The site of North Mains is located in Perth and Kinross, in the valley of the River Earn, to the west of Perth. The excavations were undertaken in 1978-9 by Gordon Barclay (see Further Reading for a link to the full article), ahead of the expansion of the Strathallan Aircraft museum runway, and investigated three main sites; a henge, a large barrow, and a pair of ring ditches.
North Mains Henge
North Mains henge consists of a sub-circular ditched enclosure ranging between 32m and 35m in diameter, with the ditches ranging between 2.2-3m in depth and 6-11m in width. The ditched enclosure had two opposing entrances (NNW and SEE), and remnants of an external bank were also identified, which made the monument up to 65m from one side to the other. Within the henge ditch, two rings of postholes were identified; ring B, an oval made up of 17 pits, sat off-centre within the ditches, surrounded by the larger ring A, made up of 24 large postholes, which sat more centrally within the bank and ditch enclosure. The larger ring A postholes had ‘post ramps’ cut into one side of them; this was to allow the insertion of large timber posts into each hole, indicating that ring A, at least, was a timber circle. Interestingly, the post ramps radiated outward from the timber circle, meaning the builders stood outside the ring of postholes to erect the posts when the monument was built. However, these run very close to the inner edge of the enclosure ditch, suggesting that the timber circle was built first, and later enclosed by the bank and ditch enclosure, as it would not have been possible to place the posts within the post ramps if the ditch had already been dug. The pit and post rings and bank and ditch enclosure are accompanied by a total of 16 burials (3 inhumations, 13 cremations) deposited in stone cists, pits, and within ceramic vessels, accompanied by a range of ceramic vessel styles, including Beaker, Collard Urns and Food Vessels. One of these cremations, burial A, was sealed by the henge bank, indicating that at least this burial was deposited before the bank and ditch enclosure was constructed.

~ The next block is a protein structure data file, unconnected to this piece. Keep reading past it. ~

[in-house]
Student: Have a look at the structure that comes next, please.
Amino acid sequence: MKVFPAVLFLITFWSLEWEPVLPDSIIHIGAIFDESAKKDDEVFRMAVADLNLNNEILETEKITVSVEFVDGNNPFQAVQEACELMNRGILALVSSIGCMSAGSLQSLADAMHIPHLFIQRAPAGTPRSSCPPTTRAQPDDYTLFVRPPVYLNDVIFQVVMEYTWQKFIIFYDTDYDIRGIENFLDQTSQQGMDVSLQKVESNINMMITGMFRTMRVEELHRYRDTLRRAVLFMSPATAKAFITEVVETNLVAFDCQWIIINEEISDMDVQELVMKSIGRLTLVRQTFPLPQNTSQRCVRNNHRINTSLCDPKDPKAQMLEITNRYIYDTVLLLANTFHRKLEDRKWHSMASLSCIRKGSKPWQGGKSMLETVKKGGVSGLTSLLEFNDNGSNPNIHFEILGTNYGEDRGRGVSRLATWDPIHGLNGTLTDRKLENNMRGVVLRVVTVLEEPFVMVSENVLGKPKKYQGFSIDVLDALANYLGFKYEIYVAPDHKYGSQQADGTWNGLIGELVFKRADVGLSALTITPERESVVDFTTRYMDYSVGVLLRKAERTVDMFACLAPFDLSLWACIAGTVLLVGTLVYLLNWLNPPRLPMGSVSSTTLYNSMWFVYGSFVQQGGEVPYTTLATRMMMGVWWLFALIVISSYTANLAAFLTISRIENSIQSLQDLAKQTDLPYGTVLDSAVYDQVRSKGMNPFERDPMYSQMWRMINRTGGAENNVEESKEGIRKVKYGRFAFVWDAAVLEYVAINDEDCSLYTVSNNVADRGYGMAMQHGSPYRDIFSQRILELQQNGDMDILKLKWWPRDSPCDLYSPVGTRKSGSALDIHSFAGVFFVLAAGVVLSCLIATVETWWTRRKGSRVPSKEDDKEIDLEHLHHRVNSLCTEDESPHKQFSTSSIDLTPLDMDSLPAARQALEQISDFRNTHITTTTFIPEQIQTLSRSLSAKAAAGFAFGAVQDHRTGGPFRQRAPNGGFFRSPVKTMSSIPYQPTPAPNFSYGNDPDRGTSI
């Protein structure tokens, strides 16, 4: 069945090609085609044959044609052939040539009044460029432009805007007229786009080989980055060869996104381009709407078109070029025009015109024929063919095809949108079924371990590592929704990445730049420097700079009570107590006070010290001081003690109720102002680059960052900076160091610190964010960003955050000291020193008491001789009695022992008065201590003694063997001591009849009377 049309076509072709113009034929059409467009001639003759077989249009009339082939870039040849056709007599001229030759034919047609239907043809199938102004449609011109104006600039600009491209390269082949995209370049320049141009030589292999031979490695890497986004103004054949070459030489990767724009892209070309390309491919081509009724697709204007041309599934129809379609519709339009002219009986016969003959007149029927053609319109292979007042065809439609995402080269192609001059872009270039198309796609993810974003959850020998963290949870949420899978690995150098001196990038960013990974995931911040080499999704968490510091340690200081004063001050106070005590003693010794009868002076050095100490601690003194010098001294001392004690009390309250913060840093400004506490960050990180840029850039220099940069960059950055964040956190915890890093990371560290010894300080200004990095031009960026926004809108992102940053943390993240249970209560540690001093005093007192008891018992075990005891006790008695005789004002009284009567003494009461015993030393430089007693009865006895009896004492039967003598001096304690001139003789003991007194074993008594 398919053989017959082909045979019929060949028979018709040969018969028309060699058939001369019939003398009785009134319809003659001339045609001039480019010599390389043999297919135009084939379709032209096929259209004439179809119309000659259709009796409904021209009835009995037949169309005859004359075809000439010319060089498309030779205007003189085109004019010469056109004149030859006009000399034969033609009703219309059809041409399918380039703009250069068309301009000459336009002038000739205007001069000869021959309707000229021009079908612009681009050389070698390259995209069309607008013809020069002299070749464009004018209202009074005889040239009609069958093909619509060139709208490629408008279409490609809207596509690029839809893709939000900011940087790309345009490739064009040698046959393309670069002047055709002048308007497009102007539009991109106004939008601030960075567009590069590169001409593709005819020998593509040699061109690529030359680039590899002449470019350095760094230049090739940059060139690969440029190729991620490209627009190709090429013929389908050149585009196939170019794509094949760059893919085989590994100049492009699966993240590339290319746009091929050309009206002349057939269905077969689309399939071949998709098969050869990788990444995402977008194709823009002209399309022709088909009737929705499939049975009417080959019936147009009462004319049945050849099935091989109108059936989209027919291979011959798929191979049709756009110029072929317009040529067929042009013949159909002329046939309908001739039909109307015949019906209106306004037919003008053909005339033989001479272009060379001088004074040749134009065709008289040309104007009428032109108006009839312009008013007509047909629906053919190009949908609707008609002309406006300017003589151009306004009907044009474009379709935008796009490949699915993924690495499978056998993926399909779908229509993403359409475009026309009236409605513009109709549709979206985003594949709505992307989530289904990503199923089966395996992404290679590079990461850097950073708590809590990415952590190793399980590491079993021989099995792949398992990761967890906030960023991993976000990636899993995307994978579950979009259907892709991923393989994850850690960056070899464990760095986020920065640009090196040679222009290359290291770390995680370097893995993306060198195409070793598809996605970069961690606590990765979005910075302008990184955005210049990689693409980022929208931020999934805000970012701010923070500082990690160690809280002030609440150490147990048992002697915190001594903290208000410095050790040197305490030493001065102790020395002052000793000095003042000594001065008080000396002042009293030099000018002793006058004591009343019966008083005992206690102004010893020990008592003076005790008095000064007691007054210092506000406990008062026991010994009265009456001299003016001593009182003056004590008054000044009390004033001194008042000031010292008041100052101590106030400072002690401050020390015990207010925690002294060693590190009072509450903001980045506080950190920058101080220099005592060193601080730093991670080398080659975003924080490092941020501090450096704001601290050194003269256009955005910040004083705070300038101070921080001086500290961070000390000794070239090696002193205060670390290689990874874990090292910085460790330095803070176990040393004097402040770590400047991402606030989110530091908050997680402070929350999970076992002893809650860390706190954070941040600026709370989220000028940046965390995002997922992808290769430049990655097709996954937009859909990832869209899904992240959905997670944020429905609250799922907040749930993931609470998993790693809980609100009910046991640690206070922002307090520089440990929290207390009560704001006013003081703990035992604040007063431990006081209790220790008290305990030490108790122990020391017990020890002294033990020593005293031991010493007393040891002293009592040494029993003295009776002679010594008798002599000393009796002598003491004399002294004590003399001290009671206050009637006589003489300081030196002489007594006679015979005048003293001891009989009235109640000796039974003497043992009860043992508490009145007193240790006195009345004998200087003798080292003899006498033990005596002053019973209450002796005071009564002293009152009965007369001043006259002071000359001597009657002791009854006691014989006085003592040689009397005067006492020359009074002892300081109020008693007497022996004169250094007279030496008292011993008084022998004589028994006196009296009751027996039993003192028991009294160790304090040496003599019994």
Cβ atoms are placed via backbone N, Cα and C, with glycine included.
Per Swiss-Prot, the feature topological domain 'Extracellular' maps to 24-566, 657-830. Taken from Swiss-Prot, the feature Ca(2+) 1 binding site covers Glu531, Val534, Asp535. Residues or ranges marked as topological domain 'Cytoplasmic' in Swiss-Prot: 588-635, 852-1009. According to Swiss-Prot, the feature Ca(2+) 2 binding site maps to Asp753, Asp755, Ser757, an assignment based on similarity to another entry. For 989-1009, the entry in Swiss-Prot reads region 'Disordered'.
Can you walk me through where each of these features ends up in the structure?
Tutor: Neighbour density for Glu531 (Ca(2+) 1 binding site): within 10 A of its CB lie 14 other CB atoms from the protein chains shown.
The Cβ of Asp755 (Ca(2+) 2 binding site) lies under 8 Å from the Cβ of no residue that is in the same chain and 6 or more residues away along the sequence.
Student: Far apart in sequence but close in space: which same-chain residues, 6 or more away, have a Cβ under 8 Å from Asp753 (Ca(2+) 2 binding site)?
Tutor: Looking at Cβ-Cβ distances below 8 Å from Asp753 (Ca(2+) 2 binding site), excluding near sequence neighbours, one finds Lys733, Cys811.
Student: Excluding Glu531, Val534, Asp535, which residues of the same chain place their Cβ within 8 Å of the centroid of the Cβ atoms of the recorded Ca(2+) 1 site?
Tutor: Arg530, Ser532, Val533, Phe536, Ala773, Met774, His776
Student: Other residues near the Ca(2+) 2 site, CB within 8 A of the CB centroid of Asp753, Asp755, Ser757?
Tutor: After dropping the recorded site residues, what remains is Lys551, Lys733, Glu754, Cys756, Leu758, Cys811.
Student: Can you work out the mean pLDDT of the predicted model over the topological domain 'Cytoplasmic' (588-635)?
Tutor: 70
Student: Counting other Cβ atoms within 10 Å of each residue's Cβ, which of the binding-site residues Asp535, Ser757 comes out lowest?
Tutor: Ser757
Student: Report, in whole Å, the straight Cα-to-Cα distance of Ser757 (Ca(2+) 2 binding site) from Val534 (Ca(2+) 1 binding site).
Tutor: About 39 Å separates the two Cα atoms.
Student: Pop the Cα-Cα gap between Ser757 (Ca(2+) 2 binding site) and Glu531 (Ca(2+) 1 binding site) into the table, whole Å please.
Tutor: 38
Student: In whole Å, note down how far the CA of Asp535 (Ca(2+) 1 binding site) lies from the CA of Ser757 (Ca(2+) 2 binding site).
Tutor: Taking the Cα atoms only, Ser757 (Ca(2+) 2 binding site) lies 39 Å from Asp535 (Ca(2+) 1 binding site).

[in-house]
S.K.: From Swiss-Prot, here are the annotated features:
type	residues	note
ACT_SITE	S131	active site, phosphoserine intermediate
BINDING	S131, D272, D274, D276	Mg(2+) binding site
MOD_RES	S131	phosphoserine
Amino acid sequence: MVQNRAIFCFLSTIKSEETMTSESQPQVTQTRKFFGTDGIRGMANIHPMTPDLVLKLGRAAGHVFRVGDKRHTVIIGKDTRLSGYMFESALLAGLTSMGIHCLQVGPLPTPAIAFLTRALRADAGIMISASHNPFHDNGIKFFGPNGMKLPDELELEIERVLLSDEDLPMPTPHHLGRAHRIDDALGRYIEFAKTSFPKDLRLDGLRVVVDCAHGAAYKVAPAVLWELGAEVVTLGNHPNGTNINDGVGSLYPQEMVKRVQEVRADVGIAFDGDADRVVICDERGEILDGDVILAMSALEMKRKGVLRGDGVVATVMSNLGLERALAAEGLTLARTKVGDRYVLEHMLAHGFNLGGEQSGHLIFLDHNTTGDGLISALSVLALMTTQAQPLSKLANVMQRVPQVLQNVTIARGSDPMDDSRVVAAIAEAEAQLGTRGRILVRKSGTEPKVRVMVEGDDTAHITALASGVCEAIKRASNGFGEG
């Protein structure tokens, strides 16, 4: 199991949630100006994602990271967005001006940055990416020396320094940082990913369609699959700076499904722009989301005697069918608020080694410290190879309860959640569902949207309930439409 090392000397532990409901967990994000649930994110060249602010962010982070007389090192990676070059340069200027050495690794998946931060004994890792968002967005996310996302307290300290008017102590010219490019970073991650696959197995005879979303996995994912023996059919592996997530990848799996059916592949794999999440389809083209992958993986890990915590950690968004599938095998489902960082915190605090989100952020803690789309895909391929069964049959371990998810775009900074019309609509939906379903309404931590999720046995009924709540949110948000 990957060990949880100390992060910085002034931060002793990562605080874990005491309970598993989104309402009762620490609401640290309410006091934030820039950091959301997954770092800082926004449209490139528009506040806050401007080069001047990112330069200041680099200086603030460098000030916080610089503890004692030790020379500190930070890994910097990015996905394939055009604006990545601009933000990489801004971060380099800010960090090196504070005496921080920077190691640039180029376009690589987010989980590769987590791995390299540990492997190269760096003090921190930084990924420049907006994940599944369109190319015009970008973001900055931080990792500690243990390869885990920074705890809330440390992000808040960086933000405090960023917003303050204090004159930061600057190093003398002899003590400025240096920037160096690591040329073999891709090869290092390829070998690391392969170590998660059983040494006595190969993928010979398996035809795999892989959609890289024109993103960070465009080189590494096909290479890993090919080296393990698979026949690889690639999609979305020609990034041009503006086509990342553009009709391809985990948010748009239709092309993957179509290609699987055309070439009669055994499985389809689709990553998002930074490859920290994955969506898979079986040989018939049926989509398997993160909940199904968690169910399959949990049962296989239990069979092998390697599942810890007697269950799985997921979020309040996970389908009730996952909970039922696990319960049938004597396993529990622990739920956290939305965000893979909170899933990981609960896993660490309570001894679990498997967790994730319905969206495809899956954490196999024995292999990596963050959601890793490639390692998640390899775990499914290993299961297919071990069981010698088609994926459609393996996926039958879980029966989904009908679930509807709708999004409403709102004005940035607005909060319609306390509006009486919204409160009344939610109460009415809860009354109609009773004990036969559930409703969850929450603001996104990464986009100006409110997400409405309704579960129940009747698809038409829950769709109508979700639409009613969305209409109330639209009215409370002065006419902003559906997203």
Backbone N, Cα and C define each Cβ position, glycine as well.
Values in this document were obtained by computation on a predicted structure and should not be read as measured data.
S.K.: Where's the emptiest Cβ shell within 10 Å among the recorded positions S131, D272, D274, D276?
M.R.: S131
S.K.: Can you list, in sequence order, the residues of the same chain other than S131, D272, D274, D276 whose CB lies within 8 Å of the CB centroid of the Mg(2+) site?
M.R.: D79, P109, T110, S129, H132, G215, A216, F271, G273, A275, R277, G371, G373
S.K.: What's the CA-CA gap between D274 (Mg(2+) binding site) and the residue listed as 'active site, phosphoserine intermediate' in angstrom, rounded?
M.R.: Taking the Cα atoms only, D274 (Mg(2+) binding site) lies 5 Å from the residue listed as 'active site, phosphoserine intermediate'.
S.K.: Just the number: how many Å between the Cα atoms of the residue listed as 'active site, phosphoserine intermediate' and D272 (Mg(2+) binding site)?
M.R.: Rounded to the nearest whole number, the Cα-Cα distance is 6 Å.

Dating North Mains Henge
Existing measurements for this site are primarily on charcoal from postholes within ring A, however, they have large error ranges, and may be impacted by the ‘old wood effect’ (where heartwood charcoal from long-living tree species, such as oak, return radiocarbon measurements that are too old). Three measurements on cremation burials indicate these date to the 22nd-19th century, which, in the case of burial A under the henge bank, also provides the earliest possible date that the bank and ditch enclosure was built. Project Time aims to identify further samples from the as-yet undated burials at the site, to understand the character and timing of mortuary practices, and select osseous samples from the timber circle, to produce a clearer chronology of the sites development and use.
North Mains Barrow